Sabbatical Talk: Bonnie Devine


The Faculty of Liberal Arts and Sciences & School of Interdisciplinary Studies is pleased to present Associate Professor Bonnie Devine’s faculty sabbatical talk.

 
DateWednesday, September 28, 2016 - 4:00pm to 6:30pm

Cost

Free

Location

100 McCaul Street Room 230

The Faculty of Liberal Arts and Sciences & School of Interdisciplinary Studies is pleased to present Associate Professor Bonnie Devine’s faculty sabbatical talk: 

La Rábida, Soul of Conquest: an Anishinaabe encounter

La Rábida is a Franciscan friary near the town of Palos de la Frontera, on a rocky outcropping overlooking the confluence of the Tinto and Odiel rivers on the Atlantic coast of Spain. Christopher Columbus set sail from this place in August 1492 confident he would find a new route to Asia. He landed instead on an island in the Caribbean Sea. The cultural confrontation that followed his landing is the inspiration and subject of Devine’s recent research and studio practice, and the art exhibition that resulted from them.
 
In Palos de la Frontera, ceramic plaques embedded in the town’s walls extol the virtues of Columbus and the Pinzón brothers (Martín Alonso and Vicente Yáñez), who piloted the Nina and Pinta on first voyage, not only as great navigators but also as pious emissaries of Christianity. The town of Palos identifies itself as the baptismal font of the Americas and the nearby Friary of La Rábida as the leading edge of a righteous evangelical mission. In 1992 Pope John Paul ll celebrated mass in the chapel at La Rabida to give thanks and praise for the church’s good work.

The Friary at La Rábida is currently on the tentative list of nominations as a World Heritage site.

Using texts and images from European and Indigenous sources Devine explores and questions the evangelical justification for the conquest of the New World, investigating and recording the methods of the conquistadors and the piety of the religious orders that supported and directed them. The resulting exhibition includes sculpture, drawing, painting, video, and a specially commissioned choral work by Anishinaabe composer David DeLeary based on the Latin text of the 1493 Papal Bull, Inter Caetera - the Doctrine of Discovery.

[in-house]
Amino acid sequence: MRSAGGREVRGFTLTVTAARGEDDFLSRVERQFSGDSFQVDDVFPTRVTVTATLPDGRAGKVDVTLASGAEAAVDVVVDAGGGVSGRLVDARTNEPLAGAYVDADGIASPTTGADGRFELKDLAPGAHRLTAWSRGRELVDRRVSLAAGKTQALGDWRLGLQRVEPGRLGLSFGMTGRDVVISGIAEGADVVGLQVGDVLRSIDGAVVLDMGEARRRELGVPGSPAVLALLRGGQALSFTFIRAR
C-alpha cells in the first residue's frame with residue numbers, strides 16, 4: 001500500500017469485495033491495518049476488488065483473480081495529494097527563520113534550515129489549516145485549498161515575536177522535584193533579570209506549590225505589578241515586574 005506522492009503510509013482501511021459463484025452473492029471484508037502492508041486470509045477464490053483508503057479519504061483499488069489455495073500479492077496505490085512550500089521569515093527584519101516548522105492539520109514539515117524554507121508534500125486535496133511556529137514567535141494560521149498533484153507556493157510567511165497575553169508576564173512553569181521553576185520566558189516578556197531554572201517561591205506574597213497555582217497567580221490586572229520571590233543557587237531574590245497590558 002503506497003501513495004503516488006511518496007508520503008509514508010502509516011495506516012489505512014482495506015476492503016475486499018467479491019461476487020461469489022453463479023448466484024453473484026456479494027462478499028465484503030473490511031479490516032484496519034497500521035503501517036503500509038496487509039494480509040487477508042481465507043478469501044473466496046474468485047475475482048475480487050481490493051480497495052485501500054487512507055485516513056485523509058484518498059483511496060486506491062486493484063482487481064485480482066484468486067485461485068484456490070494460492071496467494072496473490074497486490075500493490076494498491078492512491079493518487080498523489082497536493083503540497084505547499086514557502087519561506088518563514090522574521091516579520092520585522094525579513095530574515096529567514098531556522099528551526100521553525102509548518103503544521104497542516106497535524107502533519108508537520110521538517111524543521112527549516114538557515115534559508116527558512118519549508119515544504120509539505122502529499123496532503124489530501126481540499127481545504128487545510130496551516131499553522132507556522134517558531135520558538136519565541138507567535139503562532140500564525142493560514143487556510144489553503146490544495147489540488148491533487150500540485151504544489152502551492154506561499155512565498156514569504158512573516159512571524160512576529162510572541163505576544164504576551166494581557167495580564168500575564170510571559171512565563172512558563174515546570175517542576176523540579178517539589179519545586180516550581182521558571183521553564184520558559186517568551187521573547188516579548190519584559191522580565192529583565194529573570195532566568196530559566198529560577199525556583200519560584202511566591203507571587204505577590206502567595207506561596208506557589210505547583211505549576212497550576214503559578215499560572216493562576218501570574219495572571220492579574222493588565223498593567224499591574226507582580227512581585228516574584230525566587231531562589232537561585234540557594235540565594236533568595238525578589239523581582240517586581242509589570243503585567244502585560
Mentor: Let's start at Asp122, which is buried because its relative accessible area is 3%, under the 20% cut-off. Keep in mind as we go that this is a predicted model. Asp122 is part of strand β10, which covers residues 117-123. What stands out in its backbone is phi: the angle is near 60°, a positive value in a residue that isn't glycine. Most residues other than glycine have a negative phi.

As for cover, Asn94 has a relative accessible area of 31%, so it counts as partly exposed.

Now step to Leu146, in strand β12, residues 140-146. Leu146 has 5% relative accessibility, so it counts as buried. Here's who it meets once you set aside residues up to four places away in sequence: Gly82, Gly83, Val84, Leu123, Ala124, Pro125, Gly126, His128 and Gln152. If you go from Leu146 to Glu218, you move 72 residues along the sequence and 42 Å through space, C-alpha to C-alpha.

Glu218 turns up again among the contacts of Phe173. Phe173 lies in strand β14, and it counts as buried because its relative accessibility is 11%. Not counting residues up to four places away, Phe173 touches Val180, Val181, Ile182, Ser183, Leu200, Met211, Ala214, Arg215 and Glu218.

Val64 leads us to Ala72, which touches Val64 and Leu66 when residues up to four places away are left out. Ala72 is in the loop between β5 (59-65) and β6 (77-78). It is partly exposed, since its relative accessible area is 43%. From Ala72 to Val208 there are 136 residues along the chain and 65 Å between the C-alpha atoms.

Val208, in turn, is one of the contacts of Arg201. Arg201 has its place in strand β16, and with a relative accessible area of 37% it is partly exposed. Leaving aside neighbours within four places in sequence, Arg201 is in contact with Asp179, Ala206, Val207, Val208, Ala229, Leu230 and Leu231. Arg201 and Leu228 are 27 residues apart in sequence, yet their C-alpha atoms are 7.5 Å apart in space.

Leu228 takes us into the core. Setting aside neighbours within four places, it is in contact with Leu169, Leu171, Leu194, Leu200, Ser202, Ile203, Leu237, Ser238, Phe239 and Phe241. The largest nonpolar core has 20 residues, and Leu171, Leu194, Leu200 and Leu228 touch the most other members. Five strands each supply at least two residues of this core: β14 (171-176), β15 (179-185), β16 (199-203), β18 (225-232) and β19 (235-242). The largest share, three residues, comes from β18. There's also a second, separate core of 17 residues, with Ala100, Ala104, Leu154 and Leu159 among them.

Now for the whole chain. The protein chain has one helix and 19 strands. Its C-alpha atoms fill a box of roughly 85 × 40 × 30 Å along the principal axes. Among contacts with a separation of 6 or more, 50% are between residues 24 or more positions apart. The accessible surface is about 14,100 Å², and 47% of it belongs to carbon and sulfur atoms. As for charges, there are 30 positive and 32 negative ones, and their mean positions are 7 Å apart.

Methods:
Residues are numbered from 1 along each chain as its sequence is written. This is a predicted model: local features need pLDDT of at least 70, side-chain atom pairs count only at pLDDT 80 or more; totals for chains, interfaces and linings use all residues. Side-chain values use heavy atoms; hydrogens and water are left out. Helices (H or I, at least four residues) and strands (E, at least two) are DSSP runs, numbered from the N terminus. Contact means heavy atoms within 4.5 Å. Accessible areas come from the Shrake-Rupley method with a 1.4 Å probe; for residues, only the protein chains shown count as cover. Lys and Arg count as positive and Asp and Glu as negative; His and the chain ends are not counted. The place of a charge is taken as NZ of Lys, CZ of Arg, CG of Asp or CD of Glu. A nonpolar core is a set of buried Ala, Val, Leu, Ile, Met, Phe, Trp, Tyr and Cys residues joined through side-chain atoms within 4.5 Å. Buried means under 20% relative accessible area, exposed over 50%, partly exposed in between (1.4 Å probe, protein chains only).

Noon - 1pm : Buffalo Stew presented by the Indigenous Visual Culture Program
1pm - 2pm : Talk
2pm - 2:30pm: Q & A

DateWednesday, September 28, 2016 - 4:00pm to 6:30pm

Cost

Free

Website Location

100 McCaul Street Room 230

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Wednesday, September 28, 2016 - 4:00pm to 6:30pm

The Faculty of Liberal Arts and Sciences & School of Interdisciplinary Studies is pleased to present Associate Professor Bonnie Devine’s faculty sabbatical talk: 

La Rábida, Soul of Conquest: an Anishinaabe encounter

La Rábida is a Franciscan friary near the town of Palos de la Frontera, on a rocky outcropping overlooking the confluence of the Tinto and Odiel rivers on the Atlantic coast of Spain. Christopher Columbus set sail from this place in August 1492 confident he would find a new route to Asia. He landed instead on an island in the Caribbean Sea. The cultural confrontation that followed his landing is the inspiration and subject of Devine’s recent research and studio practice, and the art exhibition that resulted from them.
 
In Palos de la Frontera, ceramic plaques embedded in the town’s walls extol the virtues of Columbus and the Pinzón brothers (Martín Alonso and Vicente Yáñez), who piloted the Nina and Pinta on first voyage, not only as great navigators but also as pious emissaries of Christianity. The town of Palos identifies itself as the baptismal font of the Americas and the nearby Friary of La Rábida as the leading edge of a righteous evangelical mission. In 1992 Pope John Paul ll celebrated mass in the chapel at La Rabida to give thanks and praise for the church’s good work.

The Friary at La Rábida is currently on the tentative list of nominations as a World Heritage site.

Using texts and images from European and Indigenous sources Devine explores and questions the evangelical justification for the conquest of the New World, investigating and recording the methods of the conquistadors and the piety of the religious orders that supported and directed them. The resulting exhibition includes sculpture, drawing, painting, video, and a specially commissioned choral work by Anishinaabe composer David DeLeary based on the Latin text of the 1493 Papal Bull, Inter Caetera - the Doctrine of Discovery.

Noon - 1pm : Buffalo Stew presented by the Indigenous Visual Culture Program
1pm - 2pm : Talk
2pm - 2:30pm: Q & A

Venue & Address: 
100 McCaul Street Room 230
Cost: 
Free
Keywords: 
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